Resistance Cranes is a collaborative fundraising effort to raise money for immigrant and refugee causes.
From the concept of the fundraiser to execution of the website and the first event in February 2017 took one month. The project was inspired by Shing Yin Khor’s successful flash fundraiser for the ACLU on the night that the executive order banning travelers from seven Muslim countries was issued in the United States.
I was responsible for the design and front-end development of the website, which included a custom PayPal button tied to a live progress bar to show progress towards the fundraising goal. A second progress meter tracked crane folding progress, which was updated by volunteers through a custom back-of-house interface.
The success of the 2017 event, coupled with our distress over the establishment of concentration camps of asylum-seeking refugees and separated families at the U.S.-Mexico border compelled us to host a second edition of the fundraiser in 2018, with volunteers joining from the Dallas area.
From the concept of the fundraiser to execution of the website and the first event in February 2017 took one month.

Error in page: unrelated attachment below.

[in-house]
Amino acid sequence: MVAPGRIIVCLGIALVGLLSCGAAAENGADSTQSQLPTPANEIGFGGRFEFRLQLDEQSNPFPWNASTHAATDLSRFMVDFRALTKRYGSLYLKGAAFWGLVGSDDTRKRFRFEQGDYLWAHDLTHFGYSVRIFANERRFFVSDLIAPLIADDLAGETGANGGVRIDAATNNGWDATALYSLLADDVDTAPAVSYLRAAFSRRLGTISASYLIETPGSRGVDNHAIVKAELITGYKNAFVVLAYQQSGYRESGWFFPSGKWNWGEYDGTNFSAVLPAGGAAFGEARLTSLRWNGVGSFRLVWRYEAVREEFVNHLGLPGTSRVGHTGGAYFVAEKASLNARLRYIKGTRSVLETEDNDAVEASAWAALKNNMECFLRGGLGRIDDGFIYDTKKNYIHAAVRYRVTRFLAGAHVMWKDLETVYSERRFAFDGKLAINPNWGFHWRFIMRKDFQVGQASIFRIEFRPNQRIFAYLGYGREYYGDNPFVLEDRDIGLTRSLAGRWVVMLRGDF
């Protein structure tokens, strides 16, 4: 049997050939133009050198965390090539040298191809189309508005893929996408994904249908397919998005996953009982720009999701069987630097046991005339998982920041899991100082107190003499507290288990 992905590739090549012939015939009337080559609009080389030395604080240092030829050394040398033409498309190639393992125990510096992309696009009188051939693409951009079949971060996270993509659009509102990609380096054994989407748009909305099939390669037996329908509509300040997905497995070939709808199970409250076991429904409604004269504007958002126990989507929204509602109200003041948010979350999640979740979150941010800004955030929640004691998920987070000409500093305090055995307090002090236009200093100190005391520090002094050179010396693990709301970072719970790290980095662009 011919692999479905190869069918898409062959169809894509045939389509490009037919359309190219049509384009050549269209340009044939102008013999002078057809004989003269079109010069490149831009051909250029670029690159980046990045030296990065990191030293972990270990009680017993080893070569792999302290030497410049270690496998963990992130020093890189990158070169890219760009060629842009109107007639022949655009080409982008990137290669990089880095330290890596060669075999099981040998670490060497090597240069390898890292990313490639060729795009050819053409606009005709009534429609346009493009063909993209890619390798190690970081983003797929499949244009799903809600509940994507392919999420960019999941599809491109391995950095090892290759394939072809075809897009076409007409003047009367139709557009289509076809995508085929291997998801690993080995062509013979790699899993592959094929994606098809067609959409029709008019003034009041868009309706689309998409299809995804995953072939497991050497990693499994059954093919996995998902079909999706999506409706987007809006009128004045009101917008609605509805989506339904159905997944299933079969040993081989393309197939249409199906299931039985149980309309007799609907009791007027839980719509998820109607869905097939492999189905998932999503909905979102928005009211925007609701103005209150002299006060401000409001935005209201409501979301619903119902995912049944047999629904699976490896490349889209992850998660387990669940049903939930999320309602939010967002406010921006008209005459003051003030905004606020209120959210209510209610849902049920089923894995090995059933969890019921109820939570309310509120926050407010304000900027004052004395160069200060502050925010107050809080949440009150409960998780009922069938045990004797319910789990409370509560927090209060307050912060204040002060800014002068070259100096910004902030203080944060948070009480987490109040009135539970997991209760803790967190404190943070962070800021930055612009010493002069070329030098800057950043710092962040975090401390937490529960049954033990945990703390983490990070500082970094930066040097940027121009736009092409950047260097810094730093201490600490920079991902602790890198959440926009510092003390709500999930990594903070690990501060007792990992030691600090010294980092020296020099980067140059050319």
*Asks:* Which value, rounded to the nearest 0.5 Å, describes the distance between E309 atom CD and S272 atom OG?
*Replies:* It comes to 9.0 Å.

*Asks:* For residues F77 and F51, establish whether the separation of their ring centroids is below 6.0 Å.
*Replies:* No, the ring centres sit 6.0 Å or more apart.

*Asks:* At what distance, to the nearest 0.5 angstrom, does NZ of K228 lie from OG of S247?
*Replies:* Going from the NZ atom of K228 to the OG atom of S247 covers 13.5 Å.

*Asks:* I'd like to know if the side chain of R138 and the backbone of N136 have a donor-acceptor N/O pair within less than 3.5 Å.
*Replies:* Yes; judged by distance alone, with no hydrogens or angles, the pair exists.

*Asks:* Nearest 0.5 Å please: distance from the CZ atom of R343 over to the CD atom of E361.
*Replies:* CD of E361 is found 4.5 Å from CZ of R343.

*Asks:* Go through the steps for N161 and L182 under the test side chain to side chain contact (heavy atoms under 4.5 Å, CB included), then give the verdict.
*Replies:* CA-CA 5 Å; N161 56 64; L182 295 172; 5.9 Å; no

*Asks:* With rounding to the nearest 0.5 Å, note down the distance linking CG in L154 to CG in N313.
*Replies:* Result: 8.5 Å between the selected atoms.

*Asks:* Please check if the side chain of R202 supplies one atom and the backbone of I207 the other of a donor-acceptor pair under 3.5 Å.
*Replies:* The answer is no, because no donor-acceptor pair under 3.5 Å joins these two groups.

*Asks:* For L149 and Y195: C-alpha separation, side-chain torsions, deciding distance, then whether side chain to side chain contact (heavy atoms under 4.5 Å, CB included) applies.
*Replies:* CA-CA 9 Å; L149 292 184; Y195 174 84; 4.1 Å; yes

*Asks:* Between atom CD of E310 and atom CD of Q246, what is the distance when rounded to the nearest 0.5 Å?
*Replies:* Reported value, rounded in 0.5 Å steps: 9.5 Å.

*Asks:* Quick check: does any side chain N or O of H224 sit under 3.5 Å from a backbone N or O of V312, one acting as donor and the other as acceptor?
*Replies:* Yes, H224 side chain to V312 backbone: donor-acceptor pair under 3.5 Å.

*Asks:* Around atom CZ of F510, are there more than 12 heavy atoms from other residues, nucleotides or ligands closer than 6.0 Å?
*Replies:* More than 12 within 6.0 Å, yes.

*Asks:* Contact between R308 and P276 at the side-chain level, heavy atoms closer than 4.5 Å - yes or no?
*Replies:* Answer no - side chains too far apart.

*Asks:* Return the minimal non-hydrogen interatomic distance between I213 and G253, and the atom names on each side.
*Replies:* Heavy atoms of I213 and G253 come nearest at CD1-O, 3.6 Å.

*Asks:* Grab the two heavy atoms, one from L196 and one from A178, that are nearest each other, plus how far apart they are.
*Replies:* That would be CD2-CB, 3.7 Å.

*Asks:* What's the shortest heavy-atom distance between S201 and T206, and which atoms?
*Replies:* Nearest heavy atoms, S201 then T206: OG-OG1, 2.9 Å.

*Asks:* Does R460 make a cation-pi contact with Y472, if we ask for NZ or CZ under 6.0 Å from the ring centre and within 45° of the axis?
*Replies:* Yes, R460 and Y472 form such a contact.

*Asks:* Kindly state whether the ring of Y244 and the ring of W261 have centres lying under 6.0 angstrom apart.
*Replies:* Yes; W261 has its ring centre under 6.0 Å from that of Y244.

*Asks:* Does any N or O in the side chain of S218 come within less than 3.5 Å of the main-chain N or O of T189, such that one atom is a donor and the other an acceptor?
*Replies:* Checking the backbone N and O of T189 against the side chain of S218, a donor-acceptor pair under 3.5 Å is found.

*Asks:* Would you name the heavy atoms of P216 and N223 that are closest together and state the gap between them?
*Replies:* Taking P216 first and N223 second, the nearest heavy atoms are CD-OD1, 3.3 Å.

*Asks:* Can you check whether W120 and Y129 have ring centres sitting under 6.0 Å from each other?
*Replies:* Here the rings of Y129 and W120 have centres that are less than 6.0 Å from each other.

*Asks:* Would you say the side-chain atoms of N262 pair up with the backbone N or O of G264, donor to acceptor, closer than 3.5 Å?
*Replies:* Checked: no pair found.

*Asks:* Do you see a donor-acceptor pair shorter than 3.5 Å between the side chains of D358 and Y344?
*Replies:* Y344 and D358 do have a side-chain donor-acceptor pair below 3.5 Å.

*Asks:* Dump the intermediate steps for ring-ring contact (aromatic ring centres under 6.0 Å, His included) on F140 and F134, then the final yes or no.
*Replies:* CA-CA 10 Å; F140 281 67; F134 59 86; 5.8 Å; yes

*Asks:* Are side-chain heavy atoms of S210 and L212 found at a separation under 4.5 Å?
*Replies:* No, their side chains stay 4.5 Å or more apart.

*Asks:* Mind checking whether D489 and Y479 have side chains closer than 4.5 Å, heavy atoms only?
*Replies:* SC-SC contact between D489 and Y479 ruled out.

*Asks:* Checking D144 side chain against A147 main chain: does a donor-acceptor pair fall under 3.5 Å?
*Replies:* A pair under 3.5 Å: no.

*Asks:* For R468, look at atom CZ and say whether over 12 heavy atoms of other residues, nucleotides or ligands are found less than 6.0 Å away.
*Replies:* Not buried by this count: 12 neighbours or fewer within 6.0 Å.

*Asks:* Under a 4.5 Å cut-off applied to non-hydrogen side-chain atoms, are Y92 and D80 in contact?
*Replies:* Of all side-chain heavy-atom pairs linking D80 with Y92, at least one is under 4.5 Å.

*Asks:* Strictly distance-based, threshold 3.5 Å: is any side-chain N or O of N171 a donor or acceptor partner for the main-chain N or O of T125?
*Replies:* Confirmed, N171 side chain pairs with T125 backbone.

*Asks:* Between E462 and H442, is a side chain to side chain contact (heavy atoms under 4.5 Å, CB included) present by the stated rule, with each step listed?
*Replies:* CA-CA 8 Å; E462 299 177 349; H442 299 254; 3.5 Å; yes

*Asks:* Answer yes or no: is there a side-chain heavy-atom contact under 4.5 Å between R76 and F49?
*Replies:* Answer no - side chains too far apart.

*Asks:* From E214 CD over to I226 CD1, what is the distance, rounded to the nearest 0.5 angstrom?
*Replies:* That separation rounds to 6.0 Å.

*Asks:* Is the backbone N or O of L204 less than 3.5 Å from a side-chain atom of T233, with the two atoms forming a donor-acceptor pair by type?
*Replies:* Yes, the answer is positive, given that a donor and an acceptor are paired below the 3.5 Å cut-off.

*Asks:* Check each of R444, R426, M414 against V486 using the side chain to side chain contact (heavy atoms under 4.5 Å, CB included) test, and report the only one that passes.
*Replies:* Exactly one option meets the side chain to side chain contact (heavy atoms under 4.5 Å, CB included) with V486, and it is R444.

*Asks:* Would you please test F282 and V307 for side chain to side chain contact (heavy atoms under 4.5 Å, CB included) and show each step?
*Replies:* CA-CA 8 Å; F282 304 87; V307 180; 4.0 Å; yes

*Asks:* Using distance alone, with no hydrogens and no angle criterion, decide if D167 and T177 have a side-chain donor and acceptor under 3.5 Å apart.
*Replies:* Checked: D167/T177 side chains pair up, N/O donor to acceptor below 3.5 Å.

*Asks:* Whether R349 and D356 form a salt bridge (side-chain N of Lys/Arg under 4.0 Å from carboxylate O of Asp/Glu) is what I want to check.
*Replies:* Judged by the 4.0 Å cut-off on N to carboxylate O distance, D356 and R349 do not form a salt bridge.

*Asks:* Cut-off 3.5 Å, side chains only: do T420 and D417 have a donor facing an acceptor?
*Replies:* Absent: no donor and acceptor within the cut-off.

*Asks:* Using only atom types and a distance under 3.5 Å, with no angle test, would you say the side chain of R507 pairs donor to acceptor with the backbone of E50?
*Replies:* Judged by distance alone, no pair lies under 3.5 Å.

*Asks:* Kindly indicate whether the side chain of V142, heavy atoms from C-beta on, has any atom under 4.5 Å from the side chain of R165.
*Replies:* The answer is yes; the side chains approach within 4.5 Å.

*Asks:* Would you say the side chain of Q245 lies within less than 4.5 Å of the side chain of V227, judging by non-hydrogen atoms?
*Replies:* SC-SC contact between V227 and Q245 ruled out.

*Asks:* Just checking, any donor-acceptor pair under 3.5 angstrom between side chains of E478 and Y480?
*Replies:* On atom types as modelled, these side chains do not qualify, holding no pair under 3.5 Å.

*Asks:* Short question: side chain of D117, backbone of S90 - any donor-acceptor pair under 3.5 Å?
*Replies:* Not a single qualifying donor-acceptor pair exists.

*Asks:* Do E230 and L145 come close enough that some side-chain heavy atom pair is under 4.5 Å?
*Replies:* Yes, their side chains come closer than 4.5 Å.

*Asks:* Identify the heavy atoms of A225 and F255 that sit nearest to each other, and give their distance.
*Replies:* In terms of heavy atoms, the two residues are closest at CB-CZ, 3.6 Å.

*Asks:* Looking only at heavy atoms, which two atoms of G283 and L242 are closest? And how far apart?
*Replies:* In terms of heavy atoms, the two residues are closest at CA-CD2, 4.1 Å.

Over two days in 2017 and 2018, we raised over $30,000 for the NILC, IRC, and RAICES.
Prior to launch, I performed remote moderated usability testing with seven volunteers who intended on supporting the fundraiser. Through this process, we ironed out kinks in the design to ensure that the purchasing flow on mobile devices was as clear and seamless as possible.
We met our stated goals for both events in 2017 and 2018. When we planned the 2018 event, we expanded the back-end framework to accommodate an additional volunteer site in Dallas. Including matching contributions, the combined efforts raised over $30,000 for the National Immigration Law Center (NILC), International Rescue Committee (IRC), and Refugee and Immigrant Center for Education and Legal Services (RAICES).
Desktop home page from the 2017 edition.
Mobile home page from the 2018 edition.
Detail of paper design from the 2017 edition.
Sample of promotional material for the 2018 event.
Volunteers at the 2017 event. In 2017, we were supported by 15 volunteers. In 2018, over 30 volunteers folded cranes in New York and the Dallas area.
Dashboard for volunteers to log cranes folded and incoming transactions. Attributing cranes to volunteers created an air of gamification, where volunteers tried to out-fold each other.
Cranes in their new homes after the 2017 event, shared on Instagram with the hashtag #resistancecranes.
Receipts for donations to RAICES and the NILC after the 2018 event.